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Be Active: Move to Feel Good

October 3, 2016 by HealthyFamilies BC

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Five ways to well-being: Be Active

Regular physical activity helps you feel better, reduces stress, anxiety and depression, and protects you against cognitive decline.


Go for a walk or run. Step outside. Cycle. Play a game. Garden. Dance! Physical activity makes you feel good. Most importantly, find activities you enjoy that suit your level of mobility and fitness. Do whatever you can, enjoy the things you do, be active and stay positive.

Actions you can take:

  • Five ways to well-being: Be ActiveAdd activity to your day wherever you can: take the stairs, walk to nearby errands, walk over to your colleagues in your building - or get off the bus one stop early.
  • Regularly invite friends and family to community walks or hikes.
  • Choose active vacation activities such as walking, hiking, cycling, skiing or paddling.
  • Try a community organized run/walk, or a cycling event.
  • Try tai chi, yoga or swimming for gentle low-impact activity.
  • Choose activities that suit the season, such as snow-shoeing, skiing and skating in the winter; raking leaves in the fall and hiking, canoeing, or cycling in the spring and summer.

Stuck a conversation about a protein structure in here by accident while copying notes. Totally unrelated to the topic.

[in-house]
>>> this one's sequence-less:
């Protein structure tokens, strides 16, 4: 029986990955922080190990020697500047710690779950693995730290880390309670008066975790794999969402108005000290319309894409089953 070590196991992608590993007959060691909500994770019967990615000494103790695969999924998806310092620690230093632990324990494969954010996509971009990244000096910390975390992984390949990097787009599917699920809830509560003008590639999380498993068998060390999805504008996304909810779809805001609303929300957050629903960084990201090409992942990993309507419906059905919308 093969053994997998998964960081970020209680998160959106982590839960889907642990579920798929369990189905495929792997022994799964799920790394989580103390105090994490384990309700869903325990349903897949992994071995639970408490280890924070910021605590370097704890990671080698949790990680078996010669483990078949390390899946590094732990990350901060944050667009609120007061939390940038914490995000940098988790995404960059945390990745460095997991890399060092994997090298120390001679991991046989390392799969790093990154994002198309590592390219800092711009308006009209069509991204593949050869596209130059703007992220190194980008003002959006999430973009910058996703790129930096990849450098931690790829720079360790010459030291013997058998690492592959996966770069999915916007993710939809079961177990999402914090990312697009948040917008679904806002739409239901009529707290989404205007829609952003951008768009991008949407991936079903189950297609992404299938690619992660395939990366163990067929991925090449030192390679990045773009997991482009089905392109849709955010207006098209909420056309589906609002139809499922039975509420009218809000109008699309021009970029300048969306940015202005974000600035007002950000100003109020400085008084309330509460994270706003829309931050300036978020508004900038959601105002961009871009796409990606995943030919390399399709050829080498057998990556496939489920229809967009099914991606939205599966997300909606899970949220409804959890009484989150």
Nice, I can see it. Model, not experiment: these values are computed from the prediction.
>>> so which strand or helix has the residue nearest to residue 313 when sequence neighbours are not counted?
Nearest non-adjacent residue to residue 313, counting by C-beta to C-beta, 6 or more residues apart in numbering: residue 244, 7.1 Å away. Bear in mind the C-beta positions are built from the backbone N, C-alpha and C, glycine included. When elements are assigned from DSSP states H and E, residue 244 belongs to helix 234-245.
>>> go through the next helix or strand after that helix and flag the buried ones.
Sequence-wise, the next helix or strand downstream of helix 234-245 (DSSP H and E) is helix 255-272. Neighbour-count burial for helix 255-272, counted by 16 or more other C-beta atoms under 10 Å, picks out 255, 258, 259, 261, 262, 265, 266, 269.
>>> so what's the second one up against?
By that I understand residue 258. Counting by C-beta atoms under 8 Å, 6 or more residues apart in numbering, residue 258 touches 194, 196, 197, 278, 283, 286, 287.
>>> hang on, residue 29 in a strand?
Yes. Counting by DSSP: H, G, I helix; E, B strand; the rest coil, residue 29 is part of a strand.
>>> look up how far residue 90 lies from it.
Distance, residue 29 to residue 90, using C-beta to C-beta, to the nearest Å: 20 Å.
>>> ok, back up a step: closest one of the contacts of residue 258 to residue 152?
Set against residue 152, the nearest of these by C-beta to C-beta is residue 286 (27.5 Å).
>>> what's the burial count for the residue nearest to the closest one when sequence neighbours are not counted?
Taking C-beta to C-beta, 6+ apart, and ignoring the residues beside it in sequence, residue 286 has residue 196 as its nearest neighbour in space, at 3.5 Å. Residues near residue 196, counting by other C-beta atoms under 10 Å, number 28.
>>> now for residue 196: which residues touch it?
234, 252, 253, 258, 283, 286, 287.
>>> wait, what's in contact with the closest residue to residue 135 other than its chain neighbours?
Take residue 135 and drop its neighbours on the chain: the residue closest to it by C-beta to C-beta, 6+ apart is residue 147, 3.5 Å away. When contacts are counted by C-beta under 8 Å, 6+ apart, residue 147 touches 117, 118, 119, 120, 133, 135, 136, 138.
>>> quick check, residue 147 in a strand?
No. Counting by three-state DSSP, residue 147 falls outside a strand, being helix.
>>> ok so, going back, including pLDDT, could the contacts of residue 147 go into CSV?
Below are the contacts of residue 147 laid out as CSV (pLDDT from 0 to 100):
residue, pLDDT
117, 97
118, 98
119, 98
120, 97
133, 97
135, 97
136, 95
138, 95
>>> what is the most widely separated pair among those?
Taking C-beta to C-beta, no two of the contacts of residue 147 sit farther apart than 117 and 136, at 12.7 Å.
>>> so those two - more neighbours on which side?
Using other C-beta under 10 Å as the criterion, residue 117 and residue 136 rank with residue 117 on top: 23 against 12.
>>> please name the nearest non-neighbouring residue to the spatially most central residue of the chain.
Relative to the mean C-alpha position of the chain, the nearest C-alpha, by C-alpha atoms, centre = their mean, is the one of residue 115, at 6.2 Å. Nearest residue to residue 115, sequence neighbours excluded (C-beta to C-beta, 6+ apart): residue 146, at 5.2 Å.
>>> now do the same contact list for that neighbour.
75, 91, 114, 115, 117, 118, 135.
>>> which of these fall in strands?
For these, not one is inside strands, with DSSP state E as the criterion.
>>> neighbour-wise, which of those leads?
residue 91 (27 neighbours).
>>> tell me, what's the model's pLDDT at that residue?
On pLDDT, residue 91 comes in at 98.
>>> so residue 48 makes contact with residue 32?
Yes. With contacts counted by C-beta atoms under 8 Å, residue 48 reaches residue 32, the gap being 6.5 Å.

• Aim for at least 150 minutes of moderate activity per week for adults, 60 minutes of activity per day for children and youth. For adults, that’s a brisk half hour walk, five times a week.
Adapted from the New Economics Foundation Five Ways to Wellbeing Project

More Five Ways to Well-being Articles

Five Ways to Well-being
Connect: Build Positive Relationships
Notice: Savour the Moment
Keep Learning: Open Your Mind
Give: Find Fulfillment in Helping Others

Resources & Links:

Physical Activity Line (PAL)
Healthy Families BC: Physical Activity
SportBC: Find Your Sport
British Columbia: Recreation and Parks Association (BCRPA)
Aboriginal Sport BC: Region Programs and Activities Calendar
ParticipACTION: Resources, programs and answers
Canadian Society for Exercise Physiology: 24-Hour Movement Guides for children and youth
Canadian Society for Exercise Physiology: Guidelines for other ages

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Topic

  1. Activity & Lifestyles
  2. Aging Well
  3. Pregnancy & Parenting
    1. Pregnancy & Birth
    2. Babies (0-12 months)
    3. Toddlers (12-36 months)
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    5. Children (6-11 years)
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